But other Republicans say Kolbe and Huffman miscalculated the district's mood. Graf, who took 43 percent of the primary vote in an anti-illegal-immigration challenge to Kolbe two years ago, jumped into the race to oppose a guest-worker program and excoriate any candidate offering a path to citizenship for those in the country illegally.

Hellon started with conciliatory rhetoric, then embraced a harder line on immigration. Frank Antenori, a former Green Beret and Iraq combat veteran, entered the fray, saying he had sat on a mountaintop with night-vision goggles and helped apprehend illegal immigrants.

Democrats said they savor the prospects of a primary victory for one of the immigration firebrands, who they think are too conservative for the district. Huffman agrees, making Graf's "extremism" the centerpiece of his campaign. "An extreme candidate cannot win the general election," he said.

But other Republicans here say moderation is no virtue on this issue. Hellon said Kolbe's endorsement probably cost Huffman some Republican support. With conservative voters so demoralized, said Hellon, if Huffman won the nomination they would rather sit out the vote in November with their eyes on 2008.

"A vote for Steve Huffman is a vote for the politics of Jim Kolbe. There may have been a time when those politics were valid -- not anymore," said local conservative radio host Charles Heller.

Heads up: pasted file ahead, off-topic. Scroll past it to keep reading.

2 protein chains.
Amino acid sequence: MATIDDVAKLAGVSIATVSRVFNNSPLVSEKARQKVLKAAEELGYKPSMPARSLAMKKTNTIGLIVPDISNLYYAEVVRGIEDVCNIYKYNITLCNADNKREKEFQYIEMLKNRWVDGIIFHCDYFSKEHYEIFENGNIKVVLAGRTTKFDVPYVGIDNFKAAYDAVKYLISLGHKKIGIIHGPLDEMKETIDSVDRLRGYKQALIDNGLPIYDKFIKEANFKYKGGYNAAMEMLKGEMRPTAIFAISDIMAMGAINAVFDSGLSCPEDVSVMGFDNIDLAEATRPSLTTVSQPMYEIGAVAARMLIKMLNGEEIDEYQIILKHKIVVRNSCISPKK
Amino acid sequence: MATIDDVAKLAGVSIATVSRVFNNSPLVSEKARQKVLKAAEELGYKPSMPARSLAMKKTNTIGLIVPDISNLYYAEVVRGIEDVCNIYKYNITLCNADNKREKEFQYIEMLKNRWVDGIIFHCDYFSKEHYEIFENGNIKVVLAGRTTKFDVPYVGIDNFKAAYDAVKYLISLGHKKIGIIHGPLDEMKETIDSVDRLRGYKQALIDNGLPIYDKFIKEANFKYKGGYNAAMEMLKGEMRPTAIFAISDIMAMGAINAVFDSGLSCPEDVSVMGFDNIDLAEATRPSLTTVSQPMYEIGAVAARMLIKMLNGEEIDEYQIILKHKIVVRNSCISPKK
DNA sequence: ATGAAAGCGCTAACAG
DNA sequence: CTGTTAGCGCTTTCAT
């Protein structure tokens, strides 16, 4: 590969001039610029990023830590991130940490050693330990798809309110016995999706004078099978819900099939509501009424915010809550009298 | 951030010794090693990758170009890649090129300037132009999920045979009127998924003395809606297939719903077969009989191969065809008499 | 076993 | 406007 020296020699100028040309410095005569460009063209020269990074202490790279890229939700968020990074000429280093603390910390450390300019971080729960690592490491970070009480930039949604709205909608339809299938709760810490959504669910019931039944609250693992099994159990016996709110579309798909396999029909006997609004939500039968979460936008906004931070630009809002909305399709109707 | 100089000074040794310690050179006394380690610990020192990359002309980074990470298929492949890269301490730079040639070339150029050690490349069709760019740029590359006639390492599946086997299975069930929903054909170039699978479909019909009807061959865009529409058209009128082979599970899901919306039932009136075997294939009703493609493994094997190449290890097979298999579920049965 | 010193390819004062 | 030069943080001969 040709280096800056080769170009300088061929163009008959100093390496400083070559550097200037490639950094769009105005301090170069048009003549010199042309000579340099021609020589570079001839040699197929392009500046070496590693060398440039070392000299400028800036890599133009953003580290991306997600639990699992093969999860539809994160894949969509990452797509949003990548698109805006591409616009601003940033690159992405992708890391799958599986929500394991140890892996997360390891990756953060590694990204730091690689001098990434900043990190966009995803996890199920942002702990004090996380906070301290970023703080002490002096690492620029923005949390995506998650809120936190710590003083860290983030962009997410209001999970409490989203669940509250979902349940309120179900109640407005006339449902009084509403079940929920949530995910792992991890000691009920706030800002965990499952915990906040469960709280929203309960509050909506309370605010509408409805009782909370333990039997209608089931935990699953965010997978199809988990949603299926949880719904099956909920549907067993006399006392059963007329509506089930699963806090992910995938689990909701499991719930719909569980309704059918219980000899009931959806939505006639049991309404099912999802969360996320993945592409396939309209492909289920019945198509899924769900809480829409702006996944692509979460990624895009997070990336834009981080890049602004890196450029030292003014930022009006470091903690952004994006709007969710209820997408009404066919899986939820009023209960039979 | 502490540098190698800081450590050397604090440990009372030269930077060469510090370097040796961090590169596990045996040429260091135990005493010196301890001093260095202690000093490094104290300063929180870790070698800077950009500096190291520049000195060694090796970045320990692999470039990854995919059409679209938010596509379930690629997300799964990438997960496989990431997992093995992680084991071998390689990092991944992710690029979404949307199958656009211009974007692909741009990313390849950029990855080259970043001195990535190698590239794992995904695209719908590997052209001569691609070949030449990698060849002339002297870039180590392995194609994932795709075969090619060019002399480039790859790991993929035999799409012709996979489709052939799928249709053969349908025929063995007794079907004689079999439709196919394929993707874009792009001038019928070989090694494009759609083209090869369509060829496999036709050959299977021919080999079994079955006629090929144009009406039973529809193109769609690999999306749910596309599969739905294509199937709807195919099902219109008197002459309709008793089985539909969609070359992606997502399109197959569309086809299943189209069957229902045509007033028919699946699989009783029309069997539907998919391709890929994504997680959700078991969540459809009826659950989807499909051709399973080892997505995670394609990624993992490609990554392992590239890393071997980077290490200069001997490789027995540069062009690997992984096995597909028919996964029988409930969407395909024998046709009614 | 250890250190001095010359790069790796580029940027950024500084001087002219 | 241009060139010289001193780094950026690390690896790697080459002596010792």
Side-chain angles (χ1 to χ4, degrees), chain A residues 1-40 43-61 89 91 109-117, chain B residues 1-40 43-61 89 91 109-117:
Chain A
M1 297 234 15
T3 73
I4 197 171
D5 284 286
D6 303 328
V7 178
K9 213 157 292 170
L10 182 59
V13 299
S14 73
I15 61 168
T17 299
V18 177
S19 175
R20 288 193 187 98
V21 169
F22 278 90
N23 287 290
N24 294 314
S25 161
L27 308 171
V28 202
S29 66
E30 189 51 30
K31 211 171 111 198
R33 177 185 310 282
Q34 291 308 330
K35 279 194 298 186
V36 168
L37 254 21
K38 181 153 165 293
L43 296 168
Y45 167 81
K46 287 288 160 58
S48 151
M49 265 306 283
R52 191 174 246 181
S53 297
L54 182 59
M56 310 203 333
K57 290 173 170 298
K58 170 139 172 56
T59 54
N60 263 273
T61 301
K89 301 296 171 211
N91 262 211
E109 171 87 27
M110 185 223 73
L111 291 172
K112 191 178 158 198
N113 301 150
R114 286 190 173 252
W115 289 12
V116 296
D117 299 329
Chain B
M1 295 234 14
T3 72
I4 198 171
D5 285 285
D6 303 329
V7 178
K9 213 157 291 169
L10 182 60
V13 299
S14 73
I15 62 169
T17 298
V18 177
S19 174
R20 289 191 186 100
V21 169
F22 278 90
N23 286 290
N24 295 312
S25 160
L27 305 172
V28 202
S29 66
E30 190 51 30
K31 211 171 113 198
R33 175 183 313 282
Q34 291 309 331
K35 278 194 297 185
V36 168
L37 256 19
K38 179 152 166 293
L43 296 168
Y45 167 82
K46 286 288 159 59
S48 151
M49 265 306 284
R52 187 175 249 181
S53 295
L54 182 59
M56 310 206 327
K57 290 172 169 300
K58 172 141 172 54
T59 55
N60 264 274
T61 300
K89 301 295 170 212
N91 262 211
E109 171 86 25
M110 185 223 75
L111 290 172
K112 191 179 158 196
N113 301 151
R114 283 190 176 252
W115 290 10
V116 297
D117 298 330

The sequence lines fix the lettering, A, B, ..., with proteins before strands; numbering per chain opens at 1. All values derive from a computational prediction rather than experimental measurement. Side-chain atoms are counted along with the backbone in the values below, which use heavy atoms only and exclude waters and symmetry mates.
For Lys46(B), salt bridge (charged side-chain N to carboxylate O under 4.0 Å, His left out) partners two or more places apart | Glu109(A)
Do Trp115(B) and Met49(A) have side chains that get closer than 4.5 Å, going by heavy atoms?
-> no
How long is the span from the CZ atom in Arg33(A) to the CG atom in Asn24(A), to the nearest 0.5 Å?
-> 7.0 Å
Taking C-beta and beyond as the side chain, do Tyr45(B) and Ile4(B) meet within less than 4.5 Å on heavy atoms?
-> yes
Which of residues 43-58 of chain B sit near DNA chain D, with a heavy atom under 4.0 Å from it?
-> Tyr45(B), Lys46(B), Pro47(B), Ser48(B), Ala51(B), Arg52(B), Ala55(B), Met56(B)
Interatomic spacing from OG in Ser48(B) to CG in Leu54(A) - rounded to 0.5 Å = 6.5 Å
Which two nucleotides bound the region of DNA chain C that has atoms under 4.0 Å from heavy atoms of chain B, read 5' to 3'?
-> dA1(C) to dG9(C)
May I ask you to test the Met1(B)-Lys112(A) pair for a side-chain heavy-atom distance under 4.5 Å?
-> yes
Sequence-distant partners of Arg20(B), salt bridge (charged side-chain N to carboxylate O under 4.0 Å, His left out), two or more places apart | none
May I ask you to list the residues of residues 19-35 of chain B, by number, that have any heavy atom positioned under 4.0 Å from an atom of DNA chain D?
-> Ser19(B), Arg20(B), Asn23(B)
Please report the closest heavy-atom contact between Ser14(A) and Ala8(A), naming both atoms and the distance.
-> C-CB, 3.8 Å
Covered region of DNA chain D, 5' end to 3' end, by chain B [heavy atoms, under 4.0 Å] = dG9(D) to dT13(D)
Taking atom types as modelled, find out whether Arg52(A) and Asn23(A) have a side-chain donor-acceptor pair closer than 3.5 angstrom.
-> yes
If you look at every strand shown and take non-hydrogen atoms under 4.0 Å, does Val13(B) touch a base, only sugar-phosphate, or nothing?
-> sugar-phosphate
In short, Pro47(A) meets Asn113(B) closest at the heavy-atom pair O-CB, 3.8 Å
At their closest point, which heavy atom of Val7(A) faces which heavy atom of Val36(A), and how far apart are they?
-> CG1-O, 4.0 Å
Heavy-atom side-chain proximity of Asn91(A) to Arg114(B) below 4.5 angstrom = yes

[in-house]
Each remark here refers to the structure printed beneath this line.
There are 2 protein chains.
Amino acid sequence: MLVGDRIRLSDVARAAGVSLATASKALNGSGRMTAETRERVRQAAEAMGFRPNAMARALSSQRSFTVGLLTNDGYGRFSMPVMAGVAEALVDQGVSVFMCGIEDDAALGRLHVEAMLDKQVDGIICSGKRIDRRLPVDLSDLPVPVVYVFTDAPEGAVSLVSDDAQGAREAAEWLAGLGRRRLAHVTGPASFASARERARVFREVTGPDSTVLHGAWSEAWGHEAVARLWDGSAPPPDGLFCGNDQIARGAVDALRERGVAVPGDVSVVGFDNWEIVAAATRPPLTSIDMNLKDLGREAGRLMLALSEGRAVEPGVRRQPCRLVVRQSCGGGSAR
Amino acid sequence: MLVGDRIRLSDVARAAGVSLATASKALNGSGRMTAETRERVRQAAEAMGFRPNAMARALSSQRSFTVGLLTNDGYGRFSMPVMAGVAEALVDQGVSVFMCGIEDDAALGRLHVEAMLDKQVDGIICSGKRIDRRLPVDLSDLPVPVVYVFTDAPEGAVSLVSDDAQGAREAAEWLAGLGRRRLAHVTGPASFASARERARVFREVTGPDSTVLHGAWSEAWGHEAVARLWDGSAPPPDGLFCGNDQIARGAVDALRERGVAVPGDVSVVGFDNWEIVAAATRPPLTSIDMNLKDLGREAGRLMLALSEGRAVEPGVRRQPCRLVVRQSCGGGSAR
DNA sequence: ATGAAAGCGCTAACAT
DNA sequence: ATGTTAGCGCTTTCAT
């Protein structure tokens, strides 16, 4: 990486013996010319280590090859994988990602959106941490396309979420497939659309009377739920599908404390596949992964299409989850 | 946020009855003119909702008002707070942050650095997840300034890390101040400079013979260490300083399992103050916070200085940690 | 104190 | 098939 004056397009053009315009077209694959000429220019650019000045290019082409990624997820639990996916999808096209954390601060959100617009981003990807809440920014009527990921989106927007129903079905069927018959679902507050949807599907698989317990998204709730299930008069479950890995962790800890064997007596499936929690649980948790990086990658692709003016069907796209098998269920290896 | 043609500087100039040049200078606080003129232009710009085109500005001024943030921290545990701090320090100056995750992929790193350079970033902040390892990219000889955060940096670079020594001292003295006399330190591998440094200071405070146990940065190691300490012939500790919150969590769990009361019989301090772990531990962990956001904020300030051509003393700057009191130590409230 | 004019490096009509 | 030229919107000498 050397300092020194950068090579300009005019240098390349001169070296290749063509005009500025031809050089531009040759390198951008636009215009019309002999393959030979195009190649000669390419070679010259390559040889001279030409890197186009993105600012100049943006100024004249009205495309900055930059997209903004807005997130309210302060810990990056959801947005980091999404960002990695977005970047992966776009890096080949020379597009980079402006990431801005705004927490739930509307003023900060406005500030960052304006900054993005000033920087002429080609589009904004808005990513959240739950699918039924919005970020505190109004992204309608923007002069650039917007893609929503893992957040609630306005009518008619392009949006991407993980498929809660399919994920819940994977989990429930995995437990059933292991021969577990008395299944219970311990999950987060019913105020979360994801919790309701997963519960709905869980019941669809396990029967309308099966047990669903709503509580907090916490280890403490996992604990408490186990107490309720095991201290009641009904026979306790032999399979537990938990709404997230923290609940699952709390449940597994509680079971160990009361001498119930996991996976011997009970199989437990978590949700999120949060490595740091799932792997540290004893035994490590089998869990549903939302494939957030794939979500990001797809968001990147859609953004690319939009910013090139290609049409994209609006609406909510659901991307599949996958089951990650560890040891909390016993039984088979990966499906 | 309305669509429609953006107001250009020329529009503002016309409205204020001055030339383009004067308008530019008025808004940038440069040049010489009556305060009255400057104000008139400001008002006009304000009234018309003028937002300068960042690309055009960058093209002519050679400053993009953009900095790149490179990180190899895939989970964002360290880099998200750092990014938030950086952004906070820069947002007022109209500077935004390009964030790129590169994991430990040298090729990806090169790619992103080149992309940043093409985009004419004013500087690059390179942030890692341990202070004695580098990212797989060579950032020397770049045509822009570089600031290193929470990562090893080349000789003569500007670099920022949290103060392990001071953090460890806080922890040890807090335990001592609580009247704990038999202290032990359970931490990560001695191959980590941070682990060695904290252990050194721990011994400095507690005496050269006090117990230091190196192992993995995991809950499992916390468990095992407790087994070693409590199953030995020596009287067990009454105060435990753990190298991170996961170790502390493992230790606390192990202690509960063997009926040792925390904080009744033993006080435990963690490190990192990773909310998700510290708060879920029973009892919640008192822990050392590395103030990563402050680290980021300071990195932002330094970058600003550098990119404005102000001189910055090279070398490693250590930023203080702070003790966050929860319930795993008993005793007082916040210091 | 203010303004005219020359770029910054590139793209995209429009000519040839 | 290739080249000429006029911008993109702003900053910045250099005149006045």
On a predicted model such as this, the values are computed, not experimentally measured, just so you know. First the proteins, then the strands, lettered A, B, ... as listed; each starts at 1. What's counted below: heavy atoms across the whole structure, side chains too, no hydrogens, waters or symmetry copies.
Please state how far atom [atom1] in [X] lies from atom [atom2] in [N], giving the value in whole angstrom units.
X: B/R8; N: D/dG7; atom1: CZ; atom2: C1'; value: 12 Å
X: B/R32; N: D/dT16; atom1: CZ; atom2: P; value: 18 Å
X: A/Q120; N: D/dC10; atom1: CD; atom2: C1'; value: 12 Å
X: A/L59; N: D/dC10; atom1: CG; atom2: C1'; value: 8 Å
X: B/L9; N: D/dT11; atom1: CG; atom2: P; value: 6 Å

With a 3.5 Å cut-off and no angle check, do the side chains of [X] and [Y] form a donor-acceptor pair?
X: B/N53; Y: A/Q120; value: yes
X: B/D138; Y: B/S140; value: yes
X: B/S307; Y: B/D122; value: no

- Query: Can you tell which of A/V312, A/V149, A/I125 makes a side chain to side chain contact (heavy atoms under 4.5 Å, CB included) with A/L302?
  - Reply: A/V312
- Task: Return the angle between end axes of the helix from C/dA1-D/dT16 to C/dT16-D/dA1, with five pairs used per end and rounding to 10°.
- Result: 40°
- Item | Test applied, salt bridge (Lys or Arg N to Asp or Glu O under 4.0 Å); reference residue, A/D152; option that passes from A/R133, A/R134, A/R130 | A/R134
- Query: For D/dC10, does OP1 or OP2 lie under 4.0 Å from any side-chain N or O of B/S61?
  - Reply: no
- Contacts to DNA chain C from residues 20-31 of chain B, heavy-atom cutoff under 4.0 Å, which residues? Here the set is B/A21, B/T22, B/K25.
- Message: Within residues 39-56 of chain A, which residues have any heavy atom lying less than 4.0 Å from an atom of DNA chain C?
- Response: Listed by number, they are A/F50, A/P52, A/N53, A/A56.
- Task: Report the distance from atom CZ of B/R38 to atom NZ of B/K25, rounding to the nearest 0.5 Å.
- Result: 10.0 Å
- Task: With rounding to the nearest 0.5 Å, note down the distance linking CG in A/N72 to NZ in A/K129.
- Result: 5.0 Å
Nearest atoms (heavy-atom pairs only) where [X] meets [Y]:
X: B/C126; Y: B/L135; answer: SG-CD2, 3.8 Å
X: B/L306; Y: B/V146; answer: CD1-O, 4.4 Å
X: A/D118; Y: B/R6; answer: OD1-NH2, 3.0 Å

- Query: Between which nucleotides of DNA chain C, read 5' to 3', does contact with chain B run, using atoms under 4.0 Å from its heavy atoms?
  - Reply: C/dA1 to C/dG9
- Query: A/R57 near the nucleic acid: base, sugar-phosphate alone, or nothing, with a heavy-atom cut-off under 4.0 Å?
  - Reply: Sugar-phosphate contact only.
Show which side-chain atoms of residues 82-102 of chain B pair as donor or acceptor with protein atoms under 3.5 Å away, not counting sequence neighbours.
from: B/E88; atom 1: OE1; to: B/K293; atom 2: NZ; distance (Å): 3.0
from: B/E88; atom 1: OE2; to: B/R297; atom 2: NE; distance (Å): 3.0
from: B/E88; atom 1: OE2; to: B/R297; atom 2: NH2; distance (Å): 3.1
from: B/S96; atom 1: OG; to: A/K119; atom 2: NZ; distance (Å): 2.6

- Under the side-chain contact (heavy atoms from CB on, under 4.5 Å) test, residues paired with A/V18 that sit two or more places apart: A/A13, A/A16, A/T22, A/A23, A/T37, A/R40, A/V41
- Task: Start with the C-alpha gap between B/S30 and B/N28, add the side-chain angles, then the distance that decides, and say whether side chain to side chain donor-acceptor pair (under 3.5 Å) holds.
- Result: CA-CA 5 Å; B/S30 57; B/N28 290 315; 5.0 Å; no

"There is a frustration among the base, and that's why we're going to be successful in this primary," Graf said. "Conservative Republicans in this district have not had a reason to go to the polls to vote for a congressman for quite some time because this congressman has not represented them."

Some voters do not see it that way. On a street in Warren, near what is left of a once-bustling copper mine, Annette Walton was talking to the few customers trickling in for lunch at her no-name diner when she turned to politics.

"Most of those immigrants coming across are working jobs that most people here don't want anyway," she said. "Most of them are good people trying to get a better life. It's a smokescreen, is what it is."

But even some Democrats worry that immigration hard-liners may be accurately gauging the temper of the times -- and that the GOP has found an antidote to its woes.

In the liberal enclave of Bisbee, a picturesque 19th-century mining town spilling down the walls of Tombstone Canyon, the talk among Democratic partisans congregating in artist studios and cafes was of the Bisbee police officer who was pulled off the beat, put into his National Guard uniform and stationed a few miles away at the Naco border post.

"So stupid," said Susan Rohrbach over tea at a Bisbee coffee shop.

But, she added, the anger of the few diehard Democrats in the district may be nothing compared with the rage being stoked among the Republicans by the anti-immigration push.